Cooper Chronicles: I.5

(An ongoing series for the month of January, these are letters written to my family and friends during my college years in New York, when I discovered my love of writing.  Introduction here.)

we call her the Petition Lady.  she is tall, nicely dressed, with stylish, very short brown hair.  she stands directly in front of the engineering building where we have some of our classes, behind a self-erected booth with literature about her latest cause strewn about.  “SIGN the pe-TISH-UN!”  she says.  she doesn’t yell, but speaks very loudly and with force.  she makes eye contact with every person that passes her, which i find kind of creepy.  she doesn’t offer a choice.  “SIGN,” she ordered me the first time i ever saw her, pushing the paper in my face.  “HELP the AN-I-MALS.”  i scurried away, frightened.

the puzzling thing about the Petition Lady is that she isn’t always pushing the same cause.  the other day it was animals; before that it was the “WO-MEN” who need to “END their BAD re-LA-SHUN-SHIPS with a-BUS-IVE MEN.”  

once you’ve avoided her successfully several times, she becomes funny.  we all joke about her in the dorms.  “SIGN the pe-TISH-UN!”  we say to each other at random.  she’s funny because she’s such a perfect example of a new yorker — individual, uncompromising, not apologetic in the least.  what you see is what you get.  “SIGN.”  she is like my friend pete, who insists that the correct pronunciation of “sauce” is “SOO-aahse.”  no number of pronunciation guides will convince him otherwise; it’s simple.  everyone else is wrong.

despite the colorful personalities, it’s been a relatively quiet week here in the big apple.  the reality of school is starting to set in, and i have to resign myself to doing homework frequently.  there’s even more of a tendency to procrastinate when the assignment isn’t due for a week (“a whole WEEK!” you keep thinking, until it becomes the day before it’s due).  but i’ve been pretty good about it — no all-nighters so far.  the wonderful thing is that (except for fridays) i don’t have any classes until 11 or 2.  so, if i need to stay up late, at least i can make up for some of it. 

literature is actually becoming more interesting.  the work is easy, since i’ve studied it all before. (my first paper is due in two weeks, and i think i can use the one i wrote last year on the same subject — woo-hoo!)  the in-class discussions, though not as lively and animated as last year’s AP english class, are fun.  computer applications and shop techniques continue to be horrifically boring.  i’m amazed at the amount of tedium that can be squeezed into three hours.  last week in computers, we got a twenty-minute lecture on neatness.  then our professor was called away, and on his way out, he yelled over his shoulder, “you guys can do e-mail or something until i get back.”  we didn’t need a second invitation.  upon his return, we went on a tour of all the computer facilities in the engineering building.  then we were assigned homework which nobody understood.  i wish i could have fallen asleep, but my boredom was keeping me awake.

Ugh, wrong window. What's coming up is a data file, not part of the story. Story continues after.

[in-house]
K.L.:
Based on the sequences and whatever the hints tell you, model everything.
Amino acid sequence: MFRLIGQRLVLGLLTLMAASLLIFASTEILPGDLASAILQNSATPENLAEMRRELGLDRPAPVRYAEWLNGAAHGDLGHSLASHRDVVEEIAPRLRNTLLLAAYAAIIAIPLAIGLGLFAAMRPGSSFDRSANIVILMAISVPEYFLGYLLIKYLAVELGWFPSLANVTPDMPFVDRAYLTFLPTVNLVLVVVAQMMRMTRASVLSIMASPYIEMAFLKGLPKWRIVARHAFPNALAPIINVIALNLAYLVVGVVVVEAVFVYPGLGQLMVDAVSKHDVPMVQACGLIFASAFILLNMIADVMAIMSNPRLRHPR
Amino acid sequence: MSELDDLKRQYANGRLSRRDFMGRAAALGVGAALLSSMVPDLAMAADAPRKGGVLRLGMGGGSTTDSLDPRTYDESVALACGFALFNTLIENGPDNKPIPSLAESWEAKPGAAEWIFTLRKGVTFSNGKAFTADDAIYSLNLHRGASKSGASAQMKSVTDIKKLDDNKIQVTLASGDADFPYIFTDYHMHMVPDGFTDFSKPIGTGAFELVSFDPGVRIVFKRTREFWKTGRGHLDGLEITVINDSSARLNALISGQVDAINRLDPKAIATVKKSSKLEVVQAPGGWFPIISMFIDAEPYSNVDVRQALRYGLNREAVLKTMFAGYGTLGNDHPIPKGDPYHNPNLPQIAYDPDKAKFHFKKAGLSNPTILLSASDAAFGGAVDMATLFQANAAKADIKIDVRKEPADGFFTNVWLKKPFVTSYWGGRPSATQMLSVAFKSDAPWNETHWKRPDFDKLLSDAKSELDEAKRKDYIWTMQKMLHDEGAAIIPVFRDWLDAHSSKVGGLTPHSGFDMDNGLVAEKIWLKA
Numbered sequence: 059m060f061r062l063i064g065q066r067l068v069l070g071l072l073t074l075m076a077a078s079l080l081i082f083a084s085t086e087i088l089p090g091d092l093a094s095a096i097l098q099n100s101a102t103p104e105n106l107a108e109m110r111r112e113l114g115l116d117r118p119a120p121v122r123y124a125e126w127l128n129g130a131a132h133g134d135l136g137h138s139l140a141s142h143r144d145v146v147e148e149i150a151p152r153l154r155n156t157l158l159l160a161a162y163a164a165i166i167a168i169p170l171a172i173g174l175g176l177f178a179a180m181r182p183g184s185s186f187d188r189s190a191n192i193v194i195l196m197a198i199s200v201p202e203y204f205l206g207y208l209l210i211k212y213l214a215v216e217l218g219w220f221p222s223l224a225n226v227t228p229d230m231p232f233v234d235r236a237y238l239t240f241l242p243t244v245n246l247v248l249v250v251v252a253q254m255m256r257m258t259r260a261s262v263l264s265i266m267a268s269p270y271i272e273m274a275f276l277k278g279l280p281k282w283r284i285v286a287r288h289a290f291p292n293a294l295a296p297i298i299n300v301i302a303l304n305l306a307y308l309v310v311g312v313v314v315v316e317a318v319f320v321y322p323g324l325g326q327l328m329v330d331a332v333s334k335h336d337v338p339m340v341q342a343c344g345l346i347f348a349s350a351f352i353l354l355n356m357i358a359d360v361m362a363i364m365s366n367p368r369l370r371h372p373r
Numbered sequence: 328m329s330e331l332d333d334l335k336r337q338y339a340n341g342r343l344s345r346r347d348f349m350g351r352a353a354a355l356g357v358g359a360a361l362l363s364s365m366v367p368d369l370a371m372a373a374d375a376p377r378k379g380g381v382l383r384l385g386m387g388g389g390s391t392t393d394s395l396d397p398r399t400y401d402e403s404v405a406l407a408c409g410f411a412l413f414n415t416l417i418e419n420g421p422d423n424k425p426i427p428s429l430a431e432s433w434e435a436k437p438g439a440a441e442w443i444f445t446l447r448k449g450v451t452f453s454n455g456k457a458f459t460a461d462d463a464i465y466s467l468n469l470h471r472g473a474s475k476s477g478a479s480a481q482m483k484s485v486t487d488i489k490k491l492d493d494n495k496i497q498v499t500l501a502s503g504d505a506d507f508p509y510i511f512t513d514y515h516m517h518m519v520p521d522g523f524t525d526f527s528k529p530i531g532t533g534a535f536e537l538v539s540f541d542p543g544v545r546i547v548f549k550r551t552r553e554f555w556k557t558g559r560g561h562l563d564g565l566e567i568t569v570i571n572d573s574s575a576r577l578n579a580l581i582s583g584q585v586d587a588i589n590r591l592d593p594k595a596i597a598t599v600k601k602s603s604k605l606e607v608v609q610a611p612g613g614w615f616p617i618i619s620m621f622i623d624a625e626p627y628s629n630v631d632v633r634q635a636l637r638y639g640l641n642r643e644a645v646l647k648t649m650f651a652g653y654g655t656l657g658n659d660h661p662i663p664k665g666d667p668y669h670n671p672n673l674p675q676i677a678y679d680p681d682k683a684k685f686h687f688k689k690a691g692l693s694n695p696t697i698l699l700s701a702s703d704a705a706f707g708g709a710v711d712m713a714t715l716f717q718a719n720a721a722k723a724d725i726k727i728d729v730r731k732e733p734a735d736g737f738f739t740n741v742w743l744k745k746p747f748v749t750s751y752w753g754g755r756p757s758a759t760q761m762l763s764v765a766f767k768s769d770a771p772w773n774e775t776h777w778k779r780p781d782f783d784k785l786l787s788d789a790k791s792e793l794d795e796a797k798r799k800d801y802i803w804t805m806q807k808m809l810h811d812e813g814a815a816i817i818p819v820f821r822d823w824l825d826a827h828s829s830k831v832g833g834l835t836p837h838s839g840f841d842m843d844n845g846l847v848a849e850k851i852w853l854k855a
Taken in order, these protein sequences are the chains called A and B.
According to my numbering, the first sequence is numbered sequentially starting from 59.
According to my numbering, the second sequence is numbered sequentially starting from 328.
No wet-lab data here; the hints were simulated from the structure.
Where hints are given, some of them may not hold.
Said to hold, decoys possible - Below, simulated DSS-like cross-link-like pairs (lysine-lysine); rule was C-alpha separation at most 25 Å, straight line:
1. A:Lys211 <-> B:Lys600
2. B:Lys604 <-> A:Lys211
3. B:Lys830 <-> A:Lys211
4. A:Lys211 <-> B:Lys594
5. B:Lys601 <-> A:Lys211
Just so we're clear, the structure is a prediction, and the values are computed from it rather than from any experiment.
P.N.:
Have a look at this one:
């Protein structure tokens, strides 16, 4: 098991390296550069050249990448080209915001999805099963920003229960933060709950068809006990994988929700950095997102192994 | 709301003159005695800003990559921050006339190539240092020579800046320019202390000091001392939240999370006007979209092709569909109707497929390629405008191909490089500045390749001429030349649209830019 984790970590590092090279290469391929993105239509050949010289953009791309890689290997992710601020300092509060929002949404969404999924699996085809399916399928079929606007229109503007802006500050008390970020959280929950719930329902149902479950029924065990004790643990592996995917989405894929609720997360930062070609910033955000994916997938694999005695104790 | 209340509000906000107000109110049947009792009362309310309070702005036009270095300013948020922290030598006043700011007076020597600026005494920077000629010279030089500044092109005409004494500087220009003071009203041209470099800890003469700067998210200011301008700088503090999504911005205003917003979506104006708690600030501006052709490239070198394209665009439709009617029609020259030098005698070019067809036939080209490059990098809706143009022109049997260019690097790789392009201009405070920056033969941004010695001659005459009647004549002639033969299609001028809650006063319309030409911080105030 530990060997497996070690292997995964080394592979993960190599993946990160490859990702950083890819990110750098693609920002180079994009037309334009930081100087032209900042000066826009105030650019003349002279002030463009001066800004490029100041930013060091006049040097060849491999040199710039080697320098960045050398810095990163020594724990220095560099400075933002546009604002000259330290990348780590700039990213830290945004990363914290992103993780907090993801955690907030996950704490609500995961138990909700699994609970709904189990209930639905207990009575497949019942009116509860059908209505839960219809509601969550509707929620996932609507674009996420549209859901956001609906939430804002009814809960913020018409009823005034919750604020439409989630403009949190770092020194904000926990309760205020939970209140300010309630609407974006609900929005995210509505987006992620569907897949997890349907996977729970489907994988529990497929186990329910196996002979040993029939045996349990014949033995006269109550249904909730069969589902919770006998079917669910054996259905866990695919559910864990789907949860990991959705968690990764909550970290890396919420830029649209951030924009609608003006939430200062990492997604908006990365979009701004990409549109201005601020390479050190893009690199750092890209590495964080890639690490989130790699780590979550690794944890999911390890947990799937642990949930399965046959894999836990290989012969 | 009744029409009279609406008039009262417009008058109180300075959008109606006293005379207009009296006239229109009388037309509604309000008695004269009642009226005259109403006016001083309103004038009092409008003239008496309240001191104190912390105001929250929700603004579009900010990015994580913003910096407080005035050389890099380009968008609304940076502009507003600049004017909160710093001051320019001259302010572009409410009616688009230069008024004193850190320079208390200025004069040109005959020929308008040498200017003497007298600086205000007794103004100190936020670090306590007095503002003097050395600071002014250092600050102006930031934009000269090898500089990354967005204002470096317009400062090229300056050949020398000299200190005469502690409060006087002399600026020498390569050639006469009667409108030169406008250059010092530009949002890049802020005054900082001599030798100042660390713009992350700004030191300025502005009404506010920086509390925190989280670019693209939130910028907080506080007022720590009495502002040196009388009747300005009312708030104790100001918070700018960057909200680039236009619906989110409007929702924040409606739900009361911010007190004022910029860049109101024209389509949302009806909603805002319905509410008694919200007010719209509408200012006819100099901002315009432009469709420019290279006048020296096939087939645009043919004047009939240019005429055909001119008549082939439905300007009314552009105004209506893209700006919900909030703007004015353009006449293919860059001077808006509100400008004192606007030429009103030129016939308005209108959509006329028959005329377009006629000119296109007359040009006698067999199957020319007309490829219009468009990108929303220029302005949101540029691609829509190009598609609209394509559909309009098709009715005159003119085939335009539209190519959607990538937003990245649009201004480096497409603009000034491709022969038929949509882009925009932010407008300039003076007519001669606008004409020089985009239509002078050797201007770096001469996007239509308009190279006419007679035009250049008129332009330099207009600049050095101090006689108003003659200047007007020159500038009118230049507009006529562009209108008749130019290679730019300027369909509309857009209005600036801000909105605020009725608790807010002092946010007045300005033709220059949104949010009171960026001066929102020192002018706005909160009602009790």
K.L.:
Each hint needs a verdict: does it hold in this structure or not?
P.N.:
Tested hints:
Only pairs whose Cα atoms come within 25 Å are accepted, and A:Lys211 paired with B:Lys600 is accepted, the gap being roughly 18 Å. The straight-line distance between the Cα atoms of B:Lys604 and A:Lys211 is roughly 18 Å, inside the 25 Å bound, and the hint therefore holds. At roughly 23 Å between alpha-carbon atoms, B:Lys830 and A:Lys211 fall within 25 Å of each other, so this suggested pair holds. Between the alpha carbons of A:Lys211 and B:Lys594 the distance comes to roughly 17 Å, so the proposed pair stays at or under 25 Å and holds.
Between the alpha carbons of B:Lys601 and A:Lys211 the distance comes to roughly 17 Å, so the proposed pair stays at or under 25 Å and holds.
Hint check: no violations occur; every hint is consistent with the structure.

that night we stayed in the studio until 10:30 in preparation for our first architectonics critique the next day.  when we left, some people were just arriving; some of them had been there all day.  the puzzling thing is that none of them need to be there — it’s a psychological thing.  they sit there and listen to CDs and order pizzas and chat with the second- and third-year students, but they don’t do work.  it’s very odd.  we returned home relatively early.  at around midnight, i was aroused from my homework with a terrific banging out in the hallway.  i rushed out to find my next-door neighbor matt and a huge cardboard tube.  he was holding it over his head and letting it fall; each time he dropped it, it made a loud crashing noise. “what is that … THING?”  i finally asked.

he grinned like a kid that’s been found with his hand in the cookie jar — half-ashamed, half-proud of his behavior.  “it’s a ruckus-maker,” he answered.  “it makes ruckuses.  see?”  he hurled it like a javelin, down the length of the hallway.  i had to admit, it made a rather satisfying sound.  people were emerging from the elevator and the other rooms, drawn by the noise and all wanting to try making a nice ruckus.  i guess even cooper kids need a break from time to time.  

our first critique went rather well, i thought.  abraham (the main guy) wasn’t there, but his second-in-command, professor gersten, came and talked to us.  he liked our design; there were some problems, he said, but we could rework it to incorporate the main idea without starting from scratch.  we were pleased, therefore, and not at all prepared for the verbal lashing we received from abraham on thursday at our second critique.  he was pretty hard on everyone — definitely NOT from the suzuki school of thought.  one group had misunderstood the directions and built a cube without the required extensions on each side; he refused to even look at their work.  i tried to take everything he said with a grain of salt, and to hold the more optimistic view of “there’s no such thing as a bad critique.”  we learned a lot, and i guess that was the point.  thankfully, we don’t have to worry about grades — we don’t get any until the end of the semester.  we can concentrate on learning and working hard.